Anton Bruckner (1824-1896)
Symphony No. 5 in B-flat major, WAB 105 (ed. Nowak)
Osaka Philharmonic Orchestra/Tadaaki Otaka
rec. live, 14 February 2022, Suntory Hall, Tokyo
Fontec FOCD9873 [71]

My issues with previous recordings of Bruckner on the Fontec label by Otaka and the Osaka Philhamonic have been the conductor’s obtrusive vocalise, easily picked up by the microphones in a live performance, a preference for over-hasty speeds and perfunctory, even coarse, phrasing. These flaws are especially apparent in their recording of the Third Symphony; the Eighth, on the other hand, is not so materially vitiated and I was impressed by the sheer sound the orchestra makes.

This latest issue of the Fifth is decidedly on the fast side – nearly ten minutes faster than Karajan – and that difference is primarily attributable to the more than five minutes Otaka shaves off the Adagio and his finale being over three minutes shorter – nearly five minutes less than the finale of another of my favourite versions by Eichhorn. As ever, raw timings cannot tell anything like the whole story but they form a starting point for assessment, so I approached my first hearing of this warily. Of all Bruckner’s symphonies, the Fifth – along with the Eighth – is surely one which demands a grand, massive and, yes, “cosmic” approach; it is in some ways the most formidable of his works.

Certainly the opening is mightily impressive – and the rich sonority of that stately introduction is enhanced by the excellence of the recorded sound. The launching of the first Allegro theme is thrilling in its urgency but there is no sense of rush – but then Otaka’s vocal obbligato becomes clearly audible, especially in quieter passages. Perhaps others are less bothered by this and it is at first not continuous, only intermittent – but for repeated listening it is irksome, especially on headphones. He is mostly silent throughout the movement – a little light groaning notwithstanding – or else the music is so loud during the rest of this most unlikely of “sonata form” movements that its drama emerges intact, but every so often the listener will become all too aware of Otaka’s contribution. You might, however, be minded to forgive Barbirolli the same besetting bad habit in exchange for the intensity of the music-making and accord Otaka the same indulgence – and meanwhile, the orchestral playing is simply superb and the coda glorious.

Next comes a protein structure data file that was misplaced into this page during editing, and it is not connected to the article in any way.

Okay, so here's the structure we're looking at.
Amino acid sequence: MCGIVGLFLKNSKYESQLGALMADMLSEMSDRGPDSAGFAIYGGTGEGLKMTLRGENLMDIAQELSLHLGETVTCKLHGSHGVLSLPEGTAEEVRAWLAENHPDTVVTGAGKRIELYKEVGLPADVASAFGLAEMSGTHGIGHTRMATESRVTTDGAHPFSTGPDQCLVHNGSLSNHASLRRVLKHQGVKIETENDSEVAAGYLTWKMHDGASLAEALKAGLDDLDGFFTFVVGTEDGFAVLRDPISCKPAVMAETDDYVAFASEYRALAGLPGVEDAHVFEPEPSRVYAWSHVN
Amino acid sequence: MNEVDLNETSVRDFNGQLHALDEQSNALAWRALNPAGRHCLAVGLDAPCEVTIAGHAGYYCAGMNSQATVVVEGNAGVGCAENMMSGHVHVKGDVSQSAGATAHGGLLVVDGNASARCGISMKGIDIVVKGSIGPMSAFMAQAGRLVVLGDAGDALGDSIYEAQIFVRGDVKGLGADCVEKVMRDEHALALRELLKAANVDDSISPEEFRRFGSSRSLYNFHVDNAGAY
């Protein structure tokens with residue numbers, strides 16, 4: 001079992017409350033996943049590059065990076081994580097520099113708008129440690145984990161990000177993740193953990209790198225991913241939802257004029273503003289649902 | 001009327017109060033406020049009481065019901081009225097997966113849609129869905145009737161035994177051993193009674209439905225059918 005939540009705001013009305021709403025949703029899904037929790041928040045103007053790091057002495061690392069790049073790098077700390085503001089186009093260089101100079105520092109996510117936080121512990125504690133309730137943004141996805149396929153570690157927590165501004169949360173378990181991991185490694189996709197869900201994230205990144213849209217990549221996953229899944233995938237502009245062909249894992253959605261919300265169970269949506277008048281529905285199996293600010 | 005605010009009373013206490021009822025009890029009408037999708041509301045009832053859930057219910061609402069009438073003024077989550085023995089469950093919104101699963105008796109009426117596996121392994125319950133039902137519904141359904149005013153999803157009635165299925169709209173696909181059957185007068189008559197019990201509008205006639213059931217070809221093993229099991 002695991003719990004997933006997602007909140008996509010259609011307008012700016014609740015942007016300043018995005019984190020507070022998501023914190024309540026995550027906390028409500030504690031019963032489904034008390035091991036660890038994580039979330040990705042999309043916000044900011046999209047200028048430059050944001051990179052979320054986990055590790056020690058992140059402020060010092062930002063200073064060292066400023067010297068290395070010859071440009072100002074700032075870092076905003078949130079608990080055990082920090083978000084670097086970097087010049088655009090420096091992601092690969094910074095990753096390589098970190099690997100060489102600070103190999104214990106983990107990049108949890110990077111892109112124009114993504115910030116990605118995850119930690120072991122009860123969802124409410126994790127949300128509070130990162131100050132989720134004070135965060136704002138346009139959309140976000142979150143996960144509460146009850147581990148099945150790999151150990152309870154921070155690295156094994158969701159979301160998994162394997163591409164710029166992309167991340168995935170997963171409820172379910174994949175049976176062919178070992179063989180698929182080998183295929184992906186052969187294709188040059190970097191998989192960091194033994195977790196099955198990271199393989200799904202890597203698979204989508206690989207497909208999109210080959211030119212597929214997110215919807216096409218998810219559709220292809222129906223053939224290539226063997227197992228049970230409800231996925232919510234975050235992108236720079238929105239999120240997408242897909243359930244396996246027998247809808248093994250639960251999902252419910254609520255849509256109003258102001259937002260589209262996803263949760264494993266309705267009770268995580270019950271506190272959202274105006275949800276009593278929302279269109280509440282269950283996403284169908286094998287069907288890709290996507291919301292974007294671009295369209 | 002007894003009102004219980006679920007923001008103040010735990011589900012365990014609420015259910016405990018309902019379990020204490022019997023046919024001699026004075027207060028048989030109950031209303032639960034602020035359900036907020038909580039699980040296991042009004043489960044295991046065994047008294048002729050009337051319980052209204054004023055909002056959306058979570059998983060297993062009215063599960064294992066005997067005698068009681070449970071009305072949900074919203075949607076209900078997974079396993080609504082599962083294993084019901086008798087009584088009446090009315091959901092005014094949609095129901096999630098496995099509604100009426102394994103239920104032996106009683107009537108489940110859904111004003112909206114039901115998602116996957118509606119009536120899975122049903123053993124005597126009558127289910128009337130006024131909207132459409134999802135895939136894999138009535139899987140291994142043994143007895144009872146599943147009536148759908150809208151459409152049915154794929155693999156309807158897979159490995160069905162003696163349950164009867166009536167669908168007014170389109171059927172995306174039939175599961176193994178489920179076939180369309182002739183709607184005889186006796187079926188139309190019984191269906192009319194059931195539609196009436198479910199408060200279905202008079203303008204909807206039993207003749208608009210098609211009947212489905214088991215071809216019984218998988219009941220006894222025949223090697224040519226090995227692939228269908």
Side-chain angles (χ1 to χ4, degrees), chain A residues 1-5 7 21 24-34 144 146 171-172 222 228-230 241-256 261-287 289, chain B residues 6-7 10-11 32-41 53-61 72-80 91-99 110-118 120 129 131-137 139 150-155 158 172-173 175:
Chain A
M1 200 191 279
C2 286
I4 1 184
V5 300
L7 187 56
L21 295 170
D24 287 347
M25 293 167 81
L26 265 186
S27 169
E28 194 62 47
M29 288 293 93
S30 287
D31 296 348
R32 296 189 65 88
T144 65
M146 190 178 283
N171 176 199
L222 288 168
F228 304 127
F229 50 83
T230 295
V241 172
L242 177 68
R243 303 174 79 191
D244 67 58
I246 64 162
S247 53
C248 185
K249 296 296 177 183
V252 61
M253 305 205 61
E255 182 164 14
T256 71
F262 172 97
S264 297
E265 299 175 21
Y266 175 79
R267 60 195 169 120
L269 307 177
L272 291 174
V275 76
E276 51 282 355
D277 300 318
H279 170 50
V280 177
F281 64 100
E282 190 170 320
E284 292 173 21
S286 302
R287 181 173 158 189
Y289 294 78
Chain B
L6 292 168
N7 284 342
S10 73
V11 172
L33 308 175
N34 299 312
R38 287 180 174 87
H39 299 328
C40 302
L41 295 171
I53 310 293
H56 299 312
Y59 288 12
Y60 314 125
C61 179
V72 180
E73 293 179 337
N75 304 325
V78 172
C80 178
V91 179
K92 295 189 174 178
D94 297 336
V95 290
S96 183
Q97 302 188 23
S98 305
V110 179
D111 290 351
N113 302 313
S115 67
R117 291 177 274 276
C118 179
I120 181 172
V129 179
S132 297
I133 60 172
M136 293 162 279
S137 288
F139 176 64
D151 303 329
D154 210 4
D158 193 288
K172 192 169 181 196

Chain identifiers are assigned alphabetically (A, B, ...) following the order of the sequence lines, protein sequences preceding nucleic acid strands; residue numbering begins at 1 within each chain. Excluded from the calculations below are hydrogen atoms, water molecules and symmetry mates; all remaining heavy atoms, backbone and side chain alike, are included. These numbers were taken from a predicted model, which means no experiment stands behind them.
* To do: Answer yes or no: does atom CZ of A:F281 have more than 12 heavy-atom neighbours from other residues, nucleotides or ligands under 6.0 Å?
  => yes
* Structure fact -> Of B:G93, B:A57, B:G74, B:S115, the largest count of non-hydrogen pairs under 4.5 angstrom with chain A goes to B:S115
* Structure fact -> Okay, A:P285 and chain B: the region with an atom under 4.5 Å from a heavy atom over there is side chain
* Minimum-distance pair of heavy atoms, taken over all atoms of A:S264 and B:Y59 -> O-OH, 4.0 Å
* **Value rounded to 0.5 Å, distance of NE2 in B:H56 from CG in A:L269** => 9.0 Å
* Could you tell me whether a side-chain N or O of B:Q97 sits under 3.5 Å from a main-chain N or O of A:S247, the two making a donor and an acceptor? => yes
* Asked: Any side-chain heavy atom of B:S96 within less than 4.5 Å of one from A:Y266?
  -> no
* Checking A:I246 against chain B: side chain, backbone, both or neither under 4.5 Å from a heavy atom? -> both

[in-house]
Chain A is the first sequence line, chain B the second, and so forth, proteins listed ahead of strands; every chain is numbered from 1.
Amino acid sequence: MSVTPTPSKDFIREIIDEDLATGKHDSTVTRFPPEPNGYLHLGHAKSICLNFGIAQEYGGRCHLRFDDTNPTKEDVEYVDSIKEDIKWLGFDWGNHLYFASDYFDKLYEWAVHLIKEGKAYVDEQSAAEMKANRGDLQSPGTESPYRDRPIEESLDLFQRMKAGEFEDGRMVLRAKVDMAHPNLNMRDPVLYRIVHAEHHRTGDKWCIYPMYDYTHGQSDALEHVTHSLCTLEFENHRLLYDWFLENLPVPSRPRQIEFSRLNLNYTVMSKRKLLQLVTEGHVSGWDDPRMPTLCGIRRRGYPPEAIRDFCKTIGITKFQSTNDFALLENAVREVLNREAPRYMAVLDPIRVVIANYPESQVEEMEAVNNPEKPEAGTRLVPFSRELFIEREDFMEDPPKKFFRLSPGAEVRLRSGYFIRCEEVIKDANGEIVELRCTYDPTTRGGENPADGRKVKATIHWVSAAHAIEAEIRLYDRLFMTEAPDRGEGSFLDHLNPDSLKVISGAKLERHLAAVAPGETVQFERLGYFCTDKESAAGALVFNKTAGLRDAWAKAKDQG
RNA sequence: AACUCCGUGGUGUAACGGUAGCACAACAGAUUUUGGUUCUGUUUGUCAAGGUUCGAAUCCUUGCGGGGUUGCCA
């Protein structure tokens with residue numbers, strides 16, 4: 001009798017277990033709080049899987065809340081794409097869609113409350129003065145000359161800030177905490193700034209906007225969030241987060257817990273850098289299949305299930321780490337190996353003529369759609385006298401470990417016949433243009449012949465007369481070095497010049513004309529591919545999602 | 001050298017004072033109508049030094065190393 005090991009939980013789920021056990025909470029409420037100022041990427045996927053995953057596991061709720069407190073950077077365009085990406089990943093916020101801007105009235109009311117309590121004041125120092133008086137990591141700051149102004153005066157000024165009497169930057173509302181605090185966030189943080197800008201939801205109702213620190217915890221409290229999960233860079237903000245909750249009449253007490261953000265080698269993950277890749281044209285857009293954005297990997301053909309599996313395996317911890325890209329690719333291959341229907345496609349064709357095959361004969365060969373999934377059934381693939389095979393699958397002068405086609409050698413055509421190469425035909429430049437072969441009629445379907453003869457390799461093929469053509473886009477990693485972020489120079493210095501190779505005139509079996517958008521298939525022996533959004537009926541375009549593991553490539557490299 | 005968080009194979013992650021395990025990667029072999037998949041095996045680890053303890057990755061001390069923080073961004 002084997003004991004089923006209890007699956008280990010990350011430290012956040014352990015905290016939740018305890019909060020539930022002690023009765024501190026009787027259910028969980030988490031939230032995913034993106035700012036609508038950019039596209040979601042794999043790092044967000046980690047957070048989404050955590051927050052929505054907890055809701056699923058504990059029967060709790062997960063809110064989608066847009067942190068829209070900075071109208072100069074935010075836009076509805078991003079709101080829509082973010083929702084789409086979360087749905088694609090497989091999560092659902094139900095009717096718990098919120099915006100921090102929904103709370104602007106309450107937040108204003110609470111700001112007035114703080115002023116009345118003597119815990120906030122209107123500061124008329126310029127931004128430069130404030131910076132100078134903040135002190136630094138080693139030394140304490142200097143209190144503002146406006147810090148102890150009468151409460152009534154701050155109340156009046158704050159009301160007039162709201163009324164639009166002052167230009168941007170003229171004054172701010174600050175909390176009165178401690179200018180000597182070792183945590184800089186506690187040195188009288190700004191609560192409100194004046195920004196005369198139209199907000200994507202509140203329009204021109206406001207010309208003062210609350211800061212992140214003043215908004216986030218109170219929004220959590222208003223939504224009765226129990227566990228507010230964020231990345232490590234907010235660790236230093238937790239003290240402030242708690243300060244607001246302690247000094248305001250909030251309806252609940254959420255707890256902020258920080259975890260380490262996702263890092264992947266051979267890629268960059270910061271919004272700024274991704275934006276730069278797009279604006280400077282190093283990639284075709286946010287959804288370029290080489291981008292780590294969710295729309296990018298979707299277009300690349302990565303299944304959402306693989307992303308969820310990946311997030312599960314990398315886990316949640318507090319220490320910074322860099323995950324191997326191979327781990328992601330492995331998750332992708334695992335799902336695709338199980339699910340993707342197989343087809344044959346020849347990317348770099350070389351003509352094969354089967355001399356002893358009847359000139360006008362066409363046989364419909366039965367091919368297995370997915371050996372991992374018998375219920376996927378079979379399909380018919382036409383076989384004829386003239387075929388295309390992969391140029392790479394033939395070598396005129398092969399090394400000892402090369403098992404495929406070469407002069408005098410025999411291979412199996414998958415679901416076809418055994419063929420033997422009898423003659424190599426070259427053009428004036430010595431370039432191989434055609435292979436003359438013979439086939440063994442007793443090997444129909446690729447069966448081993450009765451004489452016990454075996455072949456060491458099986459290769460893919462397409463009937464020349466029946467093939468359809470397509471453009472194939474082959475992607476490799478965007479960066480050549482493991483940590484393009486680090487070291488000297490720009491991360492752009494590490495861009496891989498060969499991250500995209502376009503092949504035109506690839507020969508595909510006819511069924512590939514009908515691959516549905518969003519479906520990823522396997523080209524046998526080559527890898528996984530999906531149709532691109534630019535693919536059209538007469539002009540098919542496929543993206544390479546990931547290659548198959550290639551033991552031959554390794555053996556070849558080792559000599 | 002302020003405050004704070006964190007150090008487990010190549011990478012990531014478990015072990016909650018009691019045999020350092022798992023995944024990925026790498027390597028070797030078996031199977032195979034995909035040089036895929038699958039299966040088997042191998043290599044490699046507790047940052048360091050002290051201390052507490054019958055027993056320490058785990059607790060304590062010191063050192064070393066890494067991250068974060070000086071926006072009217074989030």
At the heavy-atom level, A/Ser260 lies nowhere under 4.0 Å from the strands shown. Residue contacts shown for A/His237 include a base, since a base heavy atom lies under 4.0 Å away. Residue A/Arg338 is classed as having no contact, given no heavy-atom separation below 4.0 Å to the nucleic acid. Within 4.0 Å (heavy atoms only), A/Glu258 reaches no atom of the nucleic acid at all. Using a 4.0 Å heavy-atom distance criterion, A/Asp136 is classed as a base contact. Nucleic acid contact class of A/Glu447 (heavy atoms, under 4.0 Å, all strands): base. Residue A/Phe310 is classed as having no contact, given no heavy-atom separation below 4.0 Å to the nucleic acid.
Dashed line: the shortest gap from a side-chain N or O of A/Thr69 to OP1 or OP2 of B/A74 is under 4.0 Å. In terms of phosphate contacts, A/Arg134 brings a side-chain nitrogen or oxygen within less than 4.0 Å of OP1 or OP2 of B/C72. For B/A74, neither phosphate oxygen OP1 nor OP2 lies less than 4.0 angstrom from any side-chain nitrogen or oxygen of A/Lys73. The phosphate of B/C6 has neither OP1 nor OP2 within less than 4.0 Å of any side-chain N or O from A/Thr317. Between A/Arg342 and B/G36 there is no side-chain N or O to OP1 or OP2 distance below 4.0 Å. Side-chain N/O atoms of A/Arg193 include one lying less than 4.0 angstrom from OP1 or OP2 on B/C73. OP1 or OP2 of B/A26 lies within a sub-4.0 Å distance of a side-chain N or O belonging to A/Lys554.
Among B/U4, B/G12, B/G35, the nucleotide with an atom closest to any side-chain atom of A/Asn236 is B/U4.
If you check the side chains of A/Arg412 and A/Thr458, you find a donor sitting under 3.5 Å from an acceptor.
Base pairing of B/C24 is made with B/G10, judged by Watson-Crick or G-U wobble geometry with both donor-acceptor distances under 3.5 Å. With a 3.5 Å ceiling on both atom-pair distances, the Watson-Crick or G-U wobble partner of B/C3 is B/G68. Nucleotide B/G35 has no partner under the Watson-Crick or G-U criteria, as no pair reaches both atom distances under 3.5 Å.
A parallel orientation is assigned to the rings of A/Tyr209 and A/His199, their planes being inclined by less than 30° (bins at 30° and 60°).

The Adagio is for me more problematic. The basic tempo is positively brisk for a movement marked “Sehr langsam”.  We are sold somewhat short on the requisite weird, otherworldly impression this music can generate in the right hands.  Having said that, the second subject chorale is given its due – so what a pity we can hear Otaka loudly going “doo-doo-doo” along with the music – and that for me, kills this recording stone dead; who needs it? What a shame that such lovely playing should be so fatally marred. The Scherzo is just fine – driven and incisive but again Otaka lends it little percussive grunts and groans. Perhaps in a studio the sound engineers could and would demur – but this is live and I wonder how much the front row could hear – maybe only the microphones pick it up and as a result, we, are privy to his noises. The finale begins promisingly but – yes, you’ve guessed it – the conductor soon joins in and now, by eight minutes in, his vocalising is constant, masked only by the louder sections – and not always even then. In any case, the development section sounds rushed and substitutes speed for tension. I will not go on – but I am only sorry that such a potentially engaging performance should have been rendered unrecommendable.

All this makes for a frustrating experience, especially as the sound is first-rate and the audience silent – but there is no shortage of alternative accounts of this symphony which eschew its evident drawbacks.

Ralph Moore

(This review posted here by kind permission of The Bruckner Journal.)

Availability: HMV Japan